Hey guys, so this seems to be a topic that gets ignored a lot. How can someone in the 8-12%bf range with a decent amount of muscle get fit without actually losing muscle? Thing is we always discuss burning fat but never our actual level of fitness and stamina, is this even possible?
Yes....look at most athletes.
define getting fit?
is that shedding fat? gaining strength? gaining mass? increasing work capacity? increasing recovery abilities? increasing endurance? or some combination of all those......
strangest question ever.
Getting fit is a very broad way of putting it I guess. What I mean is being able to sustain a raised heart rate without being gassed out like running, cycling, rowing etc
what do you consider" a decent amount of muscle?"
of course its possible.
What does "get fit" mean if you are already lean?
8-12% body fat is NOT "unfit".
Most of those sports you selected are pretty low heart rate based sports outside of competition. Since 99% of people that claim they run, cycle, and row don't actually compete, that doesn't fit into your definition.
I'm assuming you mean "fit" in a work capacity context. Try adding sprints, burpees/burpee pullups, and high rep 75-115# thrusters into the end of your routine.
Lol maybe I'm just brain farting, but whenever someone with muscle decides to say go for regular jogs everyone starts saying No you will lose your muscle. My definition of fitness isn't necessarily to do with losing body fat either but your heart! Someone could manipulate their weight training and diet so that they are lean, but they wouldn't have a healthy heart.
Of course they could.
Still pretty broad/general definition. What about duration? Intensity? Competitive sprinters and marathoners both run but and would both be considered "fit" relative to their events, but one typically carries much more muscle than the other. A heavyweight mens rower will generally be heavier and more muscular (especially upper body) than either, and again uber-fit, in terms of rowing. I would say that, generally, as the distance/duration of an activity increases, the greater a liability muscle-mass becomes. This is pretty much common sense I think.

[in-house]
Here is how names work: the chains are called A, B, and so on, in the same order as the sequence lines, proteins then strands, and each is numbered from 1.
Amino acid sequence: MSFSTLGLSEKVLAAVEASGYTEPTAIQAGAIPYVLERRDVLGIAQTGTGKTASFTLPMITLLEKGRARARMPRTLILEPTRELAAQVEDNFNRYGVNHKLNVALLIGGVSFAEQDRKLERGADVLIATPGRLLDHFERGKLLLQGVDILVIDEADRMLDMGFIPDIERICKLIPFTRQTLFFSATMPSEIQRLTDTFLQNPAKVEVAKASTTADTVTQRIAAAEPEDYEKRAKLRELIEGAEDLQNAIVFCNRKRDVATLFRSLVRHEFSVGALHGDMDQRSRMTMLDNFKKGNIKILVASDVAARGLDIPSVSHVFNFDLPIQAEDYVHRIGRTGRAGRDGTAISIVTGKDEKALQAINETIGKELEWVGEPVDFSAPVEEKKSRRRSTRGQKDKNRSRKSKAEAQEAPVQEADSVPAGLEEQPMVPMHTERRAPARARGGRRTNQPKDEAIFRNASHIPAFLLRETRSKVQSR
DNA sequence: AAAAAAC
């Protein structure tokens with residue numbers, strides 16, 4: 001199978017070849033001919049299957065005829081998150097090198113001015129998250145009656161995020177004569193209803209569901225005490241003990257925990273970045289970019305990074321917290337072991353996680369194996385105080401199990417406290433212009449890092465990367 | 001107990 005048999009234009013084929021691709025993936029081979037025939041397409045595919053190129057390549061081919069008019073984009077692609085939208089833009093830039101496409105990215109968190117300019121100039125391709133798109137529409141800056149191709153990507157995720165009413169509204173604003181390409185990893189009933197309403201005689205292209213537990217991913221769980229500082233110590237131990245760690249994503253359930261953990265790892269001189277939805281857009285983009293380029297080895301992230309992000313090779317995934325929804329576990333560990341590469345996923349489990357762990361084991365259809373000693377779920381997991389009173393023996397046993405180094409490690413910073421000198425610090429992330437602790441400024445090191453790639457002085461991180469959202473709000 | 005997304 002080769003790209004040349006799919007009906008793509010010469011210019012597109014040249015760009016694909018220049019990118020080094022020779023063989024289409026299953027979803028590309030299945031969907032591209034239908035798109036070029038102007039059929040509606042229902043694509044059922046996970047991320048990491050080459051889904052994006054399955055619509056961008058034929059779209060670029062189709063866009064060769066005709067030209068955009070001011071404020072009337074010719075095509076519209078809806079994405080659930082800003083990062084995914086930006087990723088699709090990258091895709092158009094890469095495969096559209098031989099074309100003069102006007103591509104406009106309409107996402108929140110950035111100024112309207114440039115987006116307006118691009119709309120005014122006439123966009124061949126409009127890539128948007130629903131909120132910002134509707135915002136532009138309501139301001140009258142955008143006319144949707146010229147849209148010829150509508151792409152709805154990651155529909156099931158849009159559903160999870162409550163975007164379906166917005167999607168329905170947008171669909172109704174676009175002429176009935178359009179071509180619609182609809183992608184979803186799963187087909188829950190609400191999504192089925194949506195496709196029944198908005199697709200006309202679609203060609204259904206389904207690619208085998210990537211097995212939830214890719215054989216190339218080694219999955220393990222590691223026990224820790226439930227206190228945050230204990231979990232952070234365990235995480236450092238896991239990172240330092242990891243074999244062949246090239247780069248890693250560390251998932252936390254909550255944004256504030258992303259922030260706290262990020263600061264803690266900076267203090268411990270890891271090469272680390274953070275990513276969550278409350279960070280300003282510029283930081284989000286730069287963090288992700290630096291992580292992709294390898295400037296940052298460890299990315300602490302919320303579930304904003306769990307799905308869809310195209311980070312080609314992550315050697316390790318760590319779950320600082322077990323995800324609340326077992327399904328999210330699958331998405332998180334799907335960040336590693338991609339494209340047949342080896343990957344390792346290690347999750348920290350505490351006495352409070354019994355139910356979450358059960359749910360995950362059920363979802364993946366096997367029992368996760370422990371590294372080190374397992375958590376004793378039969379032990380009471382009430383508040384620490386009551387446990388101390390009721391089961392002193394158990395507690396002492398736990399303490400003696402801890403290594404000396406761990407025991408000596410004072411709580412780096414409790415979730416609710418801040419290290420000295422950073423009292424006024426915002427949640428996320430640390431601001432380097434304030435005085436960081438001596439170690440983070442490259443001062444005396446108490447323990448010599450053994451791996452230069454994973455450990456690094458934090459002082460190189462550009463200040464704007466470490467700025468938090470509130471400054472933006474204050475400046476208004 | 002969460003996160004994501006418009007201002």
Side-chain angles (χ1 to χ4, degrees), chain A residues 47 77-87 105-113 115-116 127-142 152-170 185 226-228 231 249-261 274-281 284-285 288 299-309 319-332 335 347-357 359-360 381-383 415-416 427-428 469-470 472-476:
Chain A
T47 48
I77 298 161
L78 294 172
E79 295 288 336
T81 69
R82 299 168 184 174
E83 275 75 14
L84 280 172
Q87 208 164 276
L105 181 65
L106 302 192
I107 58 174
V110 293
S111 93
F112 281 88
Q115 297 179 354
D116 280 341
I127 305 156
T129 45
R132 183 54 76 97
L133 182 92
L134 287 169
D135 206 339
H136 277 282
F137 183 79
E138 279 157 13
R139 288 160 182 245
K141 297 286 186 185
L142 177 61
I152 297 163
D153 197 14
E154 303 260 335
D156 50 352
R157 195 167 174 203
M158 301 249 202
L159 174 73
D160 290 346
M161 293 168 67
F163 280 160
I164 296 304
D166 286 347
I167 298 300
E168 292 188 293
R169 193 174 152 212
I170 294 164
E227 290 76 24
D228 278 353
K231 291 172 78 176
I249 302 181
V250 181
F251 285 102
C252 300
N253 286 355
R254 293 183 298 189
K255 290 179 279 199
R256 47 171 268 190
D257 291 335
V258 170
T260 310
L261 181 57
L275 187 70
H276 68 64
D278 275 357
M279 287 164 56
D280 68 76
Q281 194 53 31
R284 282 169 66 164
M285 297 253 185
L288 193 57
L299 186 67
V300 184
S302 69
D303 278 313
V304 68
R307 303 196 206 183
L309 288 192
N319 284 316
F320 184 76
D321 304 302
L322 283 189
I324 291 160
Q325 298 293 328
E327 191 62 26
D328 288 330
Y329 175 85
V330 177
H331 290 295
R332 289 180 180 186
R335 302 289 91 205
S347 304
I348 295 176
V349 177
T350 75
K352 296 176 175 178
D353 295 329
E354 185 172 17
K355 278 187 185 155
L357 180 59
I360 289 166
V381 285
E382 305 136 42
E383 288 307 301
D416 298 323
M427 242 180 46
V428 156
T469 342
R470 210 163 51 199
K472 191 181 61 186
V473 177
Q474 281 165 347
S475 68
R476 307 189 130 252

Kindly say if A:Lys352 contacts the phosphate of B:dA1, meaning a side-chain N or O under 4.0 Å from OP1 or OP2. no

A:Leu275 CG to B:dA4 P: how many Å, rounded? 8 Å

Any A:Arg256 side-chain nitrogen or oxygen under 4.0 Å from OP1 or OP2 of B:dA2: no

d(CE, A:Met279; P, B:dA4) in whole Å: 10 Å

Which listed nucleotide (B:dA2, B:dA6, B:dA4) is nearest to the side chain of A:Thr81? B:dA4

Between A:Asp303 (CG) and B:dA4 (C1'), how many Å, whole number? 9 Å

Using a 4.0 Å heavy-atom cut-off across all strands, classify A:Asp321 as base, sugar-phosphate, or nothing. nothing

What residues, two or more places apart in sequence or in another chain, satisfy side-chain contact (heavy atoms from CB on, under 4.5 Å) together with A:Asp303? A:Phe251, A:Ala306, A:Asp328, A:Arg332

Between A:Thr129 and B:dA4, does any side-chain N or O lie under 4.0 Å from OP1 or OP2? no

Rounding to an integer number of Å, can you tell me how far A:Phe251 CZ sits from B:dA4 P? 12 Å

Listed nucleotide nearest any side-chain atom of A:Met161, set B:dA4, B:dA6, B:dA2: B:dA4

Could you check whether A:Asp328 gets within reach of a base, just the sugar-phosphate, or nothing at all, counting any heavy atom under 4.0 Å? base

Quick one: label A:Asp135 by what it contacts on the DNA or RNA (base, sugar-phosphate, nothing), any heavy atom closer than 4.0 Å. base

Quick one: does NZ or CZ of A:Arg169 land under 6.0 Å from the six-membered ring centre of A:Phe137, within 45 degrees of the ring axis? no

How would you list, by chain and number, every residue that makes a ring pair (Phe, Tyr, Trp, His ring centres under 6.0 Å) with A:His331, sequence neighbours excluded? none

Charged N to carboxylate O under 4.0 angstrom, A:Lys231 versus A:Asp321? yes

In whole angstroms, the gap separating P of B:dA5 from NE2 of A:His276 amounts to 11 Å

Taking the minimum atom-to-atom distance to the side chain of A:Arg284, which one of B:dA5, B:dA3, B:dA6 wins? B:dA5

That said, a guy with a "decent amount of muscle" (depending on your definition)could very reasonably expect to run 2500m (1.5 miles) in under 10 min without dropping any muscle, if he trained intelligently. This would be considered reasonably aerobically fit, in terms of of non competitive athletes.
Seriously. Show me someone with respectable mass and 8-12% body fat that isn't fit??? Jesus.
For some reason our society has a fucked up notion of "fitness" based on the retarded aerobics craze of the 70s that still hasn't died down.
I used to love rehearsing for dance shows in college when the girls who bragged about their 5 mile runs and triatholons would be winded and I was still able to carry on a normal conversation thanks to my high intensity strength training.
I'm pretty sure I get what you're saying, and I've been in that position myself, not wanting to do any cardio as it would make me lose any size I have, but then I realised basically it was just an excuse for being a pussy (I'm sure there are exceptions, as there are with most things, but I'm talking about in my case and that of everyone I can think of who has ever had the same attitude).
I know people way bigger and at the same time, fitter, which blows the theory that you can't be both to pieces. As several people have pointed out, look at athletes (i.e. sprinters, rugby players, hockey, nfl, etc.)
Having said that, there is a right and wrong way to go about it: if you start running long distance regularly, yes you will most likely lose quite a bit of muscle. So keep the majority of your cardio very short and high intensity, keep lifting heavy, eat to support your goals and you'll be fine. Also be creative, don't just use sprints but include a variety of other exercises as well such as pulling and pushing a prowler (if you don't have one I have found a car makes a pretty good substitute), farmers walks, fireman carries with a training partner, heavy weight circuits, sandbag work, etc.
(Final addition, by the sound of it you are not looking to become efficient at one particular sport but to develop more all-around fitness/work capacity/gpp, in which case the sprint-type training will take care of most things but you may feel the need to include a little longer distance training, this is fine but just do it every now and then, rather than regularly enough to negatively affect your physique).
Hope this helps?
I like to think that a resting pulse rate of 60bpm or less is a good indicator of heart fitness.
As for leanness, strength, and endurance, these qualities are sport specific. I don't expect a tennis player to have the same requirements as a football player or even a swimmer.